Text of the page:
Why doesn’t the iPhone have wireless charging already?


Get a move on, Apple!
Photo: Ste Smith/Cult of Mac

Apple is finally working to bring wireless charging to iPhone, according to a recent report, but we’ll have to wait until 2017 to get it. Why? Because Apple doesn’t think the wireless charging standards we already have are good enough.

Friday-Night-Fights-bug-2Instead, the company is said to be developing a long-range alternative that means you won’t need to place your iPhone down on a special charging pad. But is this really necessary? Will the technology be worth waiting for, or should Apple just deliver wireless charging already?

Join us in this week’s Friday Night Fight between Cult of Android and Cult of Mac as we fight to the death over this very topic. It promises to be… electrifying.

Killian-FNFKillian Bell (Writer, Cult of Android): So, Apple is finally going to bring wireless charging to the iPhone, but according to Bloomberg, we’re going to have to wait at least another year for it. Personally, I don’t understand why it can’t just deliver it already. I don’t know why we need to wait for some special “long-range” system when the one we have is good enough for now. Apple already uses Qi charging technology for Apple Watch, so why not bring it to iPhone, too?

I know wireless charging isn’t a big thing for a lot of people, but it is a feature that sells. It has that simplicity and wow factor Apple usually laps up, and if it wants to encourage more people to switch from Android, it needs to deliver all the features Android has. Once you’ve had wireless charging, you don’t want a phone that doesn’t have it.

cartoonluke_360.pngLuke Dormehl (Writer, Cult of Mac): I fear you can already guess which two words I’m going to pick out of this as being very un-Apple-like: “good enough.” The fact is that, as the smartphone industry leader when it comes to successful innovation, you’re quite right: Apple would no doubt love to feature wireless charging for its iPhones. It’s a great concept not only because it makes charging easier, which sidesteps the question of issue the iPhone battery noticeably bigger, but also because it’s an easy selling point. No matter how much or little you know about tech, everyone is aware of having to charge their phone. And the fact that the technology is already out there means that Apple wouldn’t even have to do much R&D to incorporate it into its devices.

So why hasn’t it? Well, I’d suspect it’s because the solution that currently exists simply isn’t good enough for Apple. The main downside is that wireless charging is currently slower than charging with a cable. A lot of Android device makers offer quick charging right now, which lets you charge your phone incredibly quickly, but wireless charging doesn’t support this. There’s also the issue of competing standards — with Qi, backed by the Wireless Charging Consortium, pitted against Rezence, backed by Alliance for Wireless Power, and Powermat, backed by the Power Matters Alliance.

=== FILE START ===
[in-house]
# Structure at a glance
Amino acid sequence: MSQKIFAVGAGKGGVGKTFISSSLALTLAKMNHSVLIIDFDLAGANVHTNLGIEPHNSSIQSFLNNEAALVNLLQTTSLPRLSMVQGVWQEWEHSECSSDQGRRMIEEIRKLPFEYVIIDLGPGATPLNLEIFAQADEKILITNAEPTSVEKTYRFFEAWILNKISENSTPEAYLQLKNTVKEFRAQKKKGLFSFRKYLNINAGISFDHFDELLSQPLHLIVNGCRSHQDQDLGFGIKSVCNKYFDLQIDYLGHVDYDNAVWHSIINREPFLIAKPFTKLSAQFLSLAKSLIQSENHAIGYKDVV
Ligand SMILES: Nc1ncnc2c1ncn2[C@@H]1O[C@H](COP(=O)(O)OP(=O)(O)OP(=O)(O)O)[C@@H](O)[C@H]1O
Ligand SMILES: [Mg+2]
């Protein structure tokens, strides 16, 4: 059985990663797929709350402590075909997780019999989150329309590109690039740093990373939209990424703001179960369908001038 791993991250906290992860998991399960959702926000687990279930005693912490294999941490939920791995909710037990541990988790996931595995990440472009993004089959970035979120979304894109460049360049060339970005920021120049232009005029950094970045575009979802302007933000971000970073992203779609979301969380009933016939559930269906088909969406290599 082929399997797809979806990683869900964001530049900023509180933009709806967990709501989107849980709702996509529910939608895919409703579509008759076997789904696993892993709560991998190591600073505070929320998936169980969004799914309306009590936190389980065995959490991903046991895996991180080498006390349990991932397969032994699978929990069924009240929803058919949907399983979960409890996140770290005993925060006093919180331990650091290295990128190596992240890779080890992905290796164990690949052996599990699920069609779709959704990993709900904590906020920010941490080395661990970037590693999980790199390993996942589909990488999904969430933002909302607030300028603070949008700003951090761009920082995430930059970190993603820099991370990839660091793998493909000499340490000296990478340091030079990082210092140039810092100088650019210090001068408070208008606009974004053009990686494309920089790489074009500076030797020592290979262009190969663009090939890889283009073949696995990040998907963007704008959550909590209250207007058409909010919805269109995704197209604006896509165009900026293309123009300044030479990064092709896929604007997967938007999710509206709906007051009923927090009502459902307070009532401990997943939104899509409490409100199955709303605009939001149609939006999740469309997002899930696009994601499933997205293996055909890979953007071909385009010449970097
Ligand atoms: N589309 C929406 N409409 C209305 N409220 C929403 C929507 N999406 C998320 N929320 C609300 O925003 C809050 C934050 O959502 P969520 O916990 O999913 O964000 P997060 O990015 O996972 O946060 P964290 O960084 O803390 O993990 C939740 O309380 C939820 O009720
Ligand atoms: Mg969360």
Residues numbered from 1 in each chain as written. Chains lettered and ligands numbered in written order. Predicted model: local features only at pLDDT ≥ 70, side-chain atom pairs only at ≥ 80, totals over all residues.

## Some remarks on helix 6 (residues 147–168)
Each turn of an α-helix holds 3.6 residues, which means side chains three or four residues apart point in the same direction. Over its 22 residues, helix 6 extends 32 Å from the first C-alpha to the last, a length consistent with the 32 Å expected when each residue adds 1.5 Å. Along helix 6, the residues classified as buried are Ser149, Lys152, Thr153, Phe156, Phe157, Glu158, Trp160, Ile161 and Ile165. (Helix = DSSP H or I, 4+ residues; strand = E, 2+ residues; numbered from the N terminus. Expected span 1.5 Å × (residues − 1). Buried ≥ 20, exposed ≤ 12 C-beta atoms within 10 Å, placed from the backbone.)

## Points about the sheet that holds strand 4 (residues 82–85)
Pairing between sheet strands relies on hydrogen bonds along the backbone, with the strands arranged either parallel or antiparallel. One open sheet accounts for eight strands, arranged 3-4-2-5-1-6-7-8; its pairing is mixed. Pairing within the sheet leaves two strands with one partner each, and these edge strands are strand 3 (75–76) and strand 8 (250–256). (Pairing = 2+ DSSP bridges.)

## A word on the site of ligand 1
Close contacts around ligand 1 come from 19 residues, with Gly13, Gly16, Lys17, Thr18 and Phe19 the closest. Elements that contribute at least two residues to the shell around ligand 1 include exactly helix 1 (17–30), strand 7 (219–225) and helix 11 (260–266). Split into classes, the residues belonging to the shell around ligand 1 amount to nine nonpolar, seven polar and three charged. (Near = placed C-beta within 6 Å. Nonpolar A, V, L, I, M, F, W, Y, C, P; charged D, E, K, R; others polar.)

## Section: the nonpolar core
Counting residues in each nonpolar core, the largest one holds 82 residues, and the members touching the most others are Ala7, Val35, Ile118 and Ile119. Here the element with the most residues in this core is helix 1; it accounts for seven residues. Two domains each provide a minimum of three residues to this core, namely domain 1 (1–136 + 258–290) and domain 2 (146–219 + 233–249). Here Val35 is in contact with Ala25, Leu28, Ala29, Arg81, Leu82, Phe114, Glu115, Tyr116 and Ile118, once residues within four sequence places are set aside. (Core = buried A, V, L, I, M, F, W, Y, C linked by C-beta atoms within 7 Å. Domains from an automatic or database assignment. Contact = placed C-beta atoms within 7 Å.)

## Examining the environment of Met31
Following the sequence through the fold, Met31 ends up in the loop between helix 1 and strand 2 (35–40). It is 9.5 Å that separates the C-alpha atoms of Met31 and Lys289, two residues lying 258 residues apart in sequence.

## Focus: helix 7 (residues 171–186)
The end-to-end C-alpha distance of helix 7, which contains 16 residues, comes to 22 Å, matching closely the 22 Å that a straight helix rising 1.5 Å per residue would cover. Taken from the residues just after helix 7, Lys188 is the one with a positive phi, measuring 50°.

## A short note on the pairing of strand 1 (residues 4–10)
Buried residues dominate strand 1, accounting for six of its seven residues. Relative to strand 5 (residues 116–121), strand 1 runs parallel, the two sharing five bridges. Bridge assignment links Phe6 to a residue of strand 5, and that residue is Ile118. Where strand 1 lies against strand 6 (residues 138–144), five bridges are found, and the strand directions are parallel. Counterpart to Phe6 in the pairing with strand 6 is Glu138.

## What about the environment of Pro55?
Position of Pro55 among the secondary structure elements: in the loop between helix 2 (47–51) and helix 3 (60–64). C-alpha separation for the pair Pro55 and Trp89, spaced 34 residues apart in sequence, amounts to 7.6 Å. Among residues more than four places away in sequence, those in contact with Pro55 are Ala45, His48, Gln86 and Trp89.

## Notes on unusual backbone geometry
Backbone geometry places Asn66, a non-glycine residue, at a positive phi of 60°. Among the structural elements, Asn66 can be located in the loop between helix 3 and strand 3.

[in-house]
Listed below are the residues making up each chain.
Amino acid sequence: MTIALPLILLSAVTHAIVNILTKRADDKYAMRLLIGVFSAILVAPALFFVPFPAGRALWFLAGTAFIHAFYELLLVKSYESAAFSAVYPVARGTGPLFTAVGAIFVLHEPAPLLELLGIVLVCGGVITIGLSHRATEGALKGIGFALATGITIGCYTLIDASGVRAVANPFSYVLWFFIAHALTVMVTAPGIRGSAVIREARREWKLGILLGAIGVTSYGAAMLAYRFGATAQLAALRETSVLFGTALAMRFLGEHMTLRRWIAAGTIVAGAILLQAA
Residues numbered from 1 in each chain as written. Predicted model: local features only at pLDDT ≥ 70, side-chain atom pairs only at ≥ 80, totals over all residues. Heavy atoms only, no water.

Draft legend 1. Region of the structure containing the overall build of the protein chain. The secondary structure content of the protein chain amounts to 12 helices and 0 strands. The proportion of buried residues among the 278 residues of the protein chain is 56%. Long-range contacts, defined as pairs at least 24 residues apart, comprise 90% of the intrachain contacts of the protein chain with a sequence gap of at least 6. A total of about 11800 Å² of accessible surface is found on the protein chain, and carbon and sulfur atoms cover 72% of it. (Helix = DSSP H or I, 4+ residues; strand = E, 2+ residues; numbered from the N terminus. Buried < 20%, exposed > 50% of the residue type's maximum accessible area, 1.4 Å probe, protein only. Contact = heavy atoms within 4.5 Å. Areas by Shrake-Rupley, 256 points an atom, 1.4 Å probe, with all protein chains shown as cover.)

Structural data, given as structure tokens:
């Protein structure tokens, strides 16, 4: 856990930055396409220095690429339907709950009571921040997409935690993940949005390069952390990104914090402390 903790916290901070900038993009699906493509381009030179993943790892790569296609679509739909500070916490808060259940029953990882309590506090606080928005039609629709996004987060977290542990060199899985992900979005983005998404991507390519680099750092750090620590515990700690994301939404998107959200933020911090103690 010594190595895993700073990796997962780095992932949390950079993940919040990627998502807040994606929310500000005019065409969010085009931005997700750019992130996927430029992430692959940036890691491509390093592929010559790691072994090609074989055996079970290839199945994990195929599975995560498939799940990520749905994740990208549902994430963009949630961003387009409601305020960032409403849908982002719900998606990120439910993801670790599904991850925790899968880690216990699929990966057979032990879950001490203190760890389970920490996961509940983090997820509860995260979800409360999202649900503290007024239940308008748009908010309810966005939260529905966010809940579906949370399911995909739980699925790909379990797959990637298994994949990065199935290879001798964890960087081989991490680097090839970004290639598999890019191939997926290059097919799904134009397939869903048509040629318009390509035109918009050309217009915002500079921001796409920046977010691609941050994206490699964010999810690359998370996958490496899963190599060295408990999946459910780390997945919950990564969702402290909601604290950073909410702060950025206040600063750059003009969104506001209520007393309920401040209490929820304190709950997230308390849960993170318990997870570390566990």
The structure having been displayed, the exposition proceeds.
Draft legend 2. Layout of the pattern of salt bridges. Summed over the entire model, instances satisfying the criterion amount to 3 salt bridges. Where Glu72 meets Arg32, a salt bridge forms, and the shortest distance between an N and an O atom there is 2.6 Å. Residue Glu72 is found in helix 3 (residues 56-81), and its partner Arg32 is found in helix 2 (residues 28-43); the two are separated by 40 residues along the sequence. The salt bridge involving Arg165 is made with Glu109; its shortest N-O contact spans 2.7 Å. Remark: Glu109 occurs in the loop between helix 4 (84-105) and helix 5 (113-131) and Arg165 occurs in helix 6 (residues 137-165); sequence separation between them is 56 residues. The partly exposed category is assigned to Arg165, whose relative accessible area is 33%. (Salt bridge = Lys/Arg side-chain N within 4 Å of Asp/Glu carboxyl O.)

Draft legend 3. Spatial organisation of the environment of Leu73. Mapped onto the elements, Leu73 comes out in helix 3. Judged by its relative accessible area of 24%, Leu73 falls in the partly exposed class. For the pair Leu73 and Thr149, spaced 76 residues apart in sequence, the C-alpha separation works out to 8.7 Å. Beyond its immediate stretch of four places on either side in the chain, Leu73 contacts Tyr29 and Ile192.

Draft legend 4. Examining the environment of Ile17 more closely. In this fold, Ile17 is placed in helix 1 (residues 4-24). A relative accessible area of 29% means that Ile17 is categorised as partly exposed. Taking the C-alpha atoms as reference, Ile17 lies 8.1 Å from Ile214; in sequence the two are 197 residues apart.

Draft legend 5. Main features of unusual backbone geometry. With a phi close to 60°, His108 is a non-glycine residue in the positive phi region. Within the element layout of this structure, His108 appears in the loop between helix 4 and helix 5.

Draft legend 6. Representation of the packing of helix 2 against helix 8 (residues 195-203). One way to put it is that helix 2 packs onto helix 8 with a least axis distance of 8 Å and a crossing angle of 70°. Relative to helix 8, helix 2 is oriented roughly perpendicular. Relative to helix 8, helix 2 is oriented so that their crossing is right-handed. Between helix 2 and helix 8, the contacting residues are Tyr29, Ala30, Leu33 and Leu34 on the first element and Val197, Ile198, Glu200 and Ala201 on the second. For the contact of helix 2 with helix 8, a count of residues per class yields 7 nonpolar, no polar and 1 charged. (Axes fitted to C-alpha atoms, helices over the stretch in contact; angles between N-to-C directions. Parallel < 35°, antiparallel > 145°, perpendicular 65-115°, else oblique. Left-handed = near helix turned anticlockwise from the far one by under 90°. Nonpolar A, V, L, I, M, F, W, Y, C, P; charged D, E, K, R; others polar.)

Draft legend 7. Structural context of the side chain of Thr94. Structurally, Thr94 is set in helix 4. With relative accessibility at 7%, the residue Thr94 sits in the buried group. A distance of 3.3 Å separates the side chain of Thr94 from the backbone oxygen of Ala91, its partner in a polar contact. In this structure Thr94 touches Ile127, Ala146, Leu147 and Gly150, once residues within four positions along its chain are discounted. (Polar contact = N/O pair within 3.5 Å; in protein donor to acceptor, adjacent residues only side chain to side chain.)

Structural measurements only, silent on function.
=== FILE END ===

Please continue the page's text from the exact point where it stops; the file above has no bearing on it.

Of these, I think the last one is probably least important. As we’ve seen before, Apple’s got enough clout that it could decide the standards war simply by choosing to go with a particular technology. But it still speaks of a technology that’s not yet properly matured.

On top of all of this, there’s the fact that no aluminum smartphone can, at present, use wireless charging, without having to add an extra plastic case on the outside. It seems that Qualcomm may have recently solved that issue, but it was no doubt a big sticking point for Jony Ive and his well-known love of building metal devices.

Today’s report suggests that Apple is looking to solve a lot of these problems with its own solution — which may actually be a truly wireless solution by getting rid of the need for charging pads altogether.

Could it be that Apple’s holding back to deliver the killer blow with the ultimate solution to a problem we all face? It wouldn’t be the first time. And if it means getting it right, I’m happy to wait the extra year.

Killian-FNFKillian: I had a feeling you’d climb upon your high horse and pretend Apple doesn’t release products that are “good enough.” But let’s not forget that this is a company whose flagship smartphone still ships with a 750p display, a 1,715mAh battery, and just 16GB of storage as standard. If anyone knows how to sell a product that’s just “good enough,” it’s Apple.

No, wireless charging isn’t as fast as charging with a cable, but it’s getting faster. And many prefer the convenience. You can stick a wireless charger on your desk at work, one by your bed, and another in your living room and topping up your phone is as easy as placing it down when it’s not in use. Most people charge their smartphones overnight anyway, so it doesn’t matter how long it takes.

Competing standards is a non-issue, too. The vast majority of devices just use Qi, so Apple could just adopt that and it wouldn’t be an issue. Or it could do what Samsung has done with the Galaxy S6 series and make the iPhone compatible with both Qi and PMA.

As you rightly mentioned, Qualcomm has developed wireless charging systems that work through metal, and Apple has had plenty of time to adopt them for iPhone 7 this year. Qualcomm announced this technology last July, so by the time the iPhone 7 enters mass production, Apple will have had over a year.

Maybe Apple will be able to deliver a “long-range” wireless charging system, but we should get too excited by the phrasing there. It’s not like this system will let you charge your smartphone upstairs while the charging transmitter is plugged in downstairs; this will have its own limitations, too, and you can be sure you’ll have to be pretty close to it.

To me, it seems like this could complicate things. What if you accidentally put your phone down an inch outside the charging range and you come back an hour later to a dead battery? At least with today’s wireless charging technologies, you don’t have to worry about that — you know your phone’s going to charge so long as it’s sat on the pad.

cartoonluke_360.pngLuke: But existing “wireless” charging, with Qi pads, still comes with its own problems. The main one is that, unlike regular chargers, not only is it slower, but you also can’t easily use your phone while it’s charging. Right now, I’ve got my iPhone plugged in on the desk next to me. I can respond to messages, or pick it up to use Twitter or take a call, and nothing about that stops it from continuing to charge.